of creative


Moby - Wait For Me.

Saturday, 21 November 2009


Let there be

Let life exist

Let possibilities be actualised

Let potentialities be realised

Let there be

synergies and union

Let there be

the imagining of possibilities

Let there be

the birthing of new life

Let there be

the nurturing of essence

Let there be

growth and development

Let there be

transformation and change

Let life be

Let life be cherished

Let what is be what it is

Let essence determine development


David Grant - Life.

Christmas Bazaar


Wizzard - I Wish It Could Be Christmas Everyday.

Thursday, 19 November 2009

Strange ways

Our journey's through life and faith are often strange and convoluted. That certainly appears to be the case for Ann Rice, whose Christ the Lord: Out of Egypt I have just finished reading.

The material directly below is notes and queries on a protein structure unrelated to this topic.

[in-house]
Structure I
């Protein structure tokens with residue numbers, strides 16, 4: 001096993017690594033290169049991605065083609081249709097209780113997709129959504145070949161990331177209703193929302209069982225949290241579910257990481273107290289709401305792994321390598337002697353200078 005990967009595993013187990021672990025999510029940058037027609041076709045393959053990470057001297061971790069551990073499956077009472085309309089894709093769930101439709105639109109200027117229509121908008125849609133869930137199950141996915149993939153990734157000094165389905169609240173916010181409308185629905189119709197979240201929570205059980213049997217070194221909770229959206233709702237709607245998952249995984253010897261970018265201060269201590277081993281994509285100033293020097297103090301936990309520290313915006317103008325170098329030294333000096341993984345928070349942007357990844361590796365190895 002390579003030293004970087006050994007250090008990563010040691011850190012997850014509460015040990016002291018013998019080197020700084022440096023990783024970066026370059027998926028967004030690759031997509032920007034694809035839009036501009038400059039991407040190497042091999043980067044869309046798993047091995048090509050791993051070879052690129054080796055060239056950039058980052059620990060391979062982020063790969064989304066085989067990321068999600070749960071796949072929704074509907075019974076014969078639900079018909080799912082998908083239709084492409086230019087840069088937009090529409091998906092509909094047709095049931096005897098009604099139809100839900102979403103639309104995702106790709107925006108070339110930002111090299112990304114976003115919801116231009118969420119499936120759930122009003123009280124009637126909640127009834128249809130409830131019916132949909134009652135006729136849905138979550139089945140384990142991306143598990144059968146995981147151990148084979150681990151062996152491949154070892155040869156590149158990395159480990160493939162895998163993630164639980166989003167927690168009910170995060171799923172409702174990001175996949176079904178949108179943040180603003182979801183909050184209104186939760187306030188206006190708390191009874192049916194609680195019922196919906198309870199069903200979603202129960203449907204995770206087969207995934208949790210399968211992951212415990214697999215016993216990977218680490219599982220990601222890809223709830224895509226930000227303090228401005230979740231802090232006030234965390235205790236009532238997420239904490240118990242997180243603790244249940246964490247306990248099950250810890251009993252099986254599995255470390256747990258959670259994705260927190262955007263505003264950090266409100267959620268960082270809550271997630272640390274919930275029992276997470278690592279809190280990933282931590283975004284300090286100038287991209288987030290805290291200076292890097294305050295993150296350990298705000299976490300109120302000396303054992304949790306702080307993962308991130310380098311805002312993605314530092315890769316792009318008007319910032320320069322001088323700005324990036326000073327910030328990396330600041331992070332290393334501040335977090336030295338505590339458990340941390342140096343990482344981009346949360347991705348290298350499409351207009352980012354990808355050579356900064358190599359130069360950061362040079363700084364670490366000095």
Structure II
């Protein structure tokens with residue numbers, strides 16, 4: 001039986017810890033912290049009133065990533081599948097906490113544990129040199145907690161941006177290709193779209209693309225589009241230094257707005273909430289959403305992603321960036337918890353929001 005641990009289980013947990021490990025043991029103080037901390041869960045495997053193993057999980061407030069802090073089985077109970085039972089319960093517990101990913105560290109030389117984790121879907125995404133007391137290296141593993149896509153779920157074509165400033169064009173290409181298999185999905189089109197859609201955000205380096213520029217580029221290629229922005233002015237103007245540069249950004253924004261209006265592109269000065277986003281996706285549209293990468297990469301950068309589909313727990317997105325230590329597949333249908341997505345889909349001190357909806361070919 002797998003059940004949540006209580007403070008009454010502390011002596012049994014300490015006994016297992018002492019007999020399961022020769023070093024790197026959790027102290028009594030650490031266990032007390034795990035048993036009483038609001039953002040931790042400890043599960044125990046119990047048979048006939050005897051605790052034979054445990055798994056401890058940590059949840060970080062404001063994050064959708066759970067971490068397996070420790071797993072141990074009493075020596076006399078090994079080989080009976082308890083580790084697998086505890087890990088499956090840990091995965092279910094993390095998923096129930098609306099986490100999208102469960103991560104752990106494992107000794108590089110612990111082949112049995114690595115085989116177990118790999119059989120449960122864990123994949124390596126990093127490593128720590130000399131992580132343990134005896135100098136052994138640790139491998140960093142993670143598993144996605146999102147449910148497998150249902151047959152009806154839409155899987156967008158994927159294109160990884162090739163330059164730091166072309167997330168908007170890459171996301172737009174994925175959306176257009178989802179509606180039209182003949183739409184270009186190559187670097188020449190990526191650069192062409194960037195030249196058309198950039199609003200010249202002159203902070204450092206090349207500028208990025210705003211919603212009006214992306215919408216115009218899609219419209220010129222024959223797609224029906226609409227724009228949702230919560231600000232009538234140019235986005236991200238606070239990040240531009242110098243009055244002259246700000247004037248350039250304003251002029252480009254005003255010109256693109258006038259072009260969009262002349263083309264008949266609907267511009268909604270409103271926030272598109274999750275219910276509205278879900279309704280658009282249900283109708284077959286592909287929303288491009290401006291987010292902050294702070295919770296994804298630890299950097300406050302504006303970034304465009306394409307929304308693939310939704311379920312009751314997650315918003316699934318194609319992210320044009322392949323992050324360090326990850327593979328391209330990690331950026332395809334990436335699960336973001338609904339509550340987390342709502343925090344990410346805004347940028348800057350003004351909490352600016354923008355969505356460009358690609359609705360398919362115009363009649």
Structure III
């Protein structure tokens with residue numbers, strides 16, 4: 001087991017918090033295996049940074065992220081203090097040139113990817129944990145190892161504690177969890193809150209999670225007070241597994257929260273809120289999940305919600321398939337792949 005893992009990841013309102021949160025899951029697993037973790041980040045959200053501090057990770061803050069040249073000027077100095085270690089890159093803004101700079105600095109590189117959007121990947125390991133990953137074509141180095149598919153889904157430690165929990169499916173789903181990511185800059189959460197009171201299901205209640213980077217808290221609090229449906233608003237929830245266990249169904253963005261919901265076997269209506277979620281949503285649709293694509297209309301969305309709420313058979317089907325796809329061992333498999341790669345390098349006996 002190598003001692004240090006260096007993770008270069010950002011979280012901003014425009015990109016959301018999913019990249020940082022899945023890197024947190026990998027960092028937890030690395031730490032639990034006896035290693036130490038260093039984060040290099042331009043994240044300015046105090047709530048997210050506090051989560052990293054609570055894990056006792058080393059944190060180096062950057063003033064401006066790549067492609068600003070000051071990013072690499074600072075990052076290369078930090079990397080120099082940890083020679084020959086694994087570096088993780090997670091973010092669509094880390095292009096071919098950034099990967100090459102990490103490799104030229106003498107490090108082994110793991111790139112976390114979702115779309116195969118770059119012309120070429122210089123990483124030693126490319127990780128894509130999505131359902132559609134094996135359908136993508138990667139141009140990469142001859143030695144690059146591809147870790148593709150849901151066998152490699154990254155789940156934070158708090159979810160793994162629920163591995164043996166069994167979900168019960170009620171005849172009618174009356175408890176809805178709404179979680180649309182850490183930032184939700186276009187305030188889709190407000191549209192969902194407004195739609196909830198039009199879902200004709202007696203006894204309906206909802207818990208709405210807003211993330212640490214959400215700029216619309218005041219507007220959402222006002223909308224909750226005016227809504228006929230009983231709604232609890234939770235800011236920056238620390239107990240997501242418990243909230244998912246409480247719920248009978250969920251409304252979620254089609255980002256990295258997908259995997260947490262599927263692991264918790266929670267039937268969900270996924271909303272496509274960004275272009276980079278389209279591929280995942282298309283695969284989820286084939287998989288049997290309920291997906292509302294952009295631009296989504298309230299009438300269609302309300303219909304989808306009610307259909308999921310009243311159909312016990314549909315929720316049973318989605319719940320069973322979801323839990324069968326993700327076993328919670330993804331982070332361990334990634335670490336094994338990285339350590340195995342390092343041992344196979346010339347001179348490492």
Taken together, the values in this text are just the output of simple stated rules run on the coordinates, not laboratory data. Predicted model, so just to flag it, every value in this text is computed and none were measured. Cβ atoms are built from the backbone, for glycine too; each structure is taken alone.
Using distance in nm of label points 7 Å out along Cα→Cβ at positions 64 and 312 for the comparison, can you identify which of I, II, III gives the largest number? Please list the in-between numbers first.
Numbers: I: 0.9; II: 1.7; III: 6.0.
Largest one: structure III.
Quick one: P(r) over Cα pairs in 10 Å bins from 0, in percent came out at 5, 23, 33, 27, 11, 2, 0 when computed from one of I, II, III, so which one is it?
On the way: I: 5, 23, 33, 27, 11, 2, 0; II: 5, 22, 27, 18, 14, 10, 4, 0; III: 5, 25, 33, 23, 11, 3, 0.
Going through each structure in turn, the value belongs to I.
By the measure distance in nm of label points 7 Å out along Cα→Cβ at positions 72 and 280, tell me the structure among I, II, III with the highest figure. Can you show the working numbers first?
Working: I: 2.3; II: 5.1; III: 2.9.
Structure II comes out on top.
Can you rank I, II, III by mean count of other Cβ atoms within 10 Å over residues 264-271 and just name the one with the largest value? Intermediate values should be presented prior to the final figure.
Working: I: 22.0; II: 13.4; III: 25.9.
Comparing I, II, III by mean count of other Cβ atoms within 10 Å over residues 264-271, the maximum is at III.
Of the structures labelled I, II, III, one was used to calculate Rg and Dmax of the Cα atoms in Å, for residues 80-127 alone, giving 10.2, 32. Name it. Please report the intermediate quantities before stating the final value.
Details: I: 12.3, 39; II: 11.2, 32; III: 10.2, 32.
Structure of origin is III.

Brought up a cradle Catholic, she exchanged her belief in God for the belief that there is no God while at University in response to her imperative need to read authors that were banned by the Roman Catholic Church. She married a convinced atheist and became famous as the author of popular Vampire novels. Her novels, however, reflected her search for meaning within a personal life touched by tragedy. The combination of her personal search and the research for her novels returned her to the history of Rome and beyond this to the mystery of the survival of the Jews. In 1998 she returned to the Catholic Church. Eventually this led to her own search for the historical Jesus as she read extensively on the subject with the result being the first two novels in her Christ the Lord trilogy.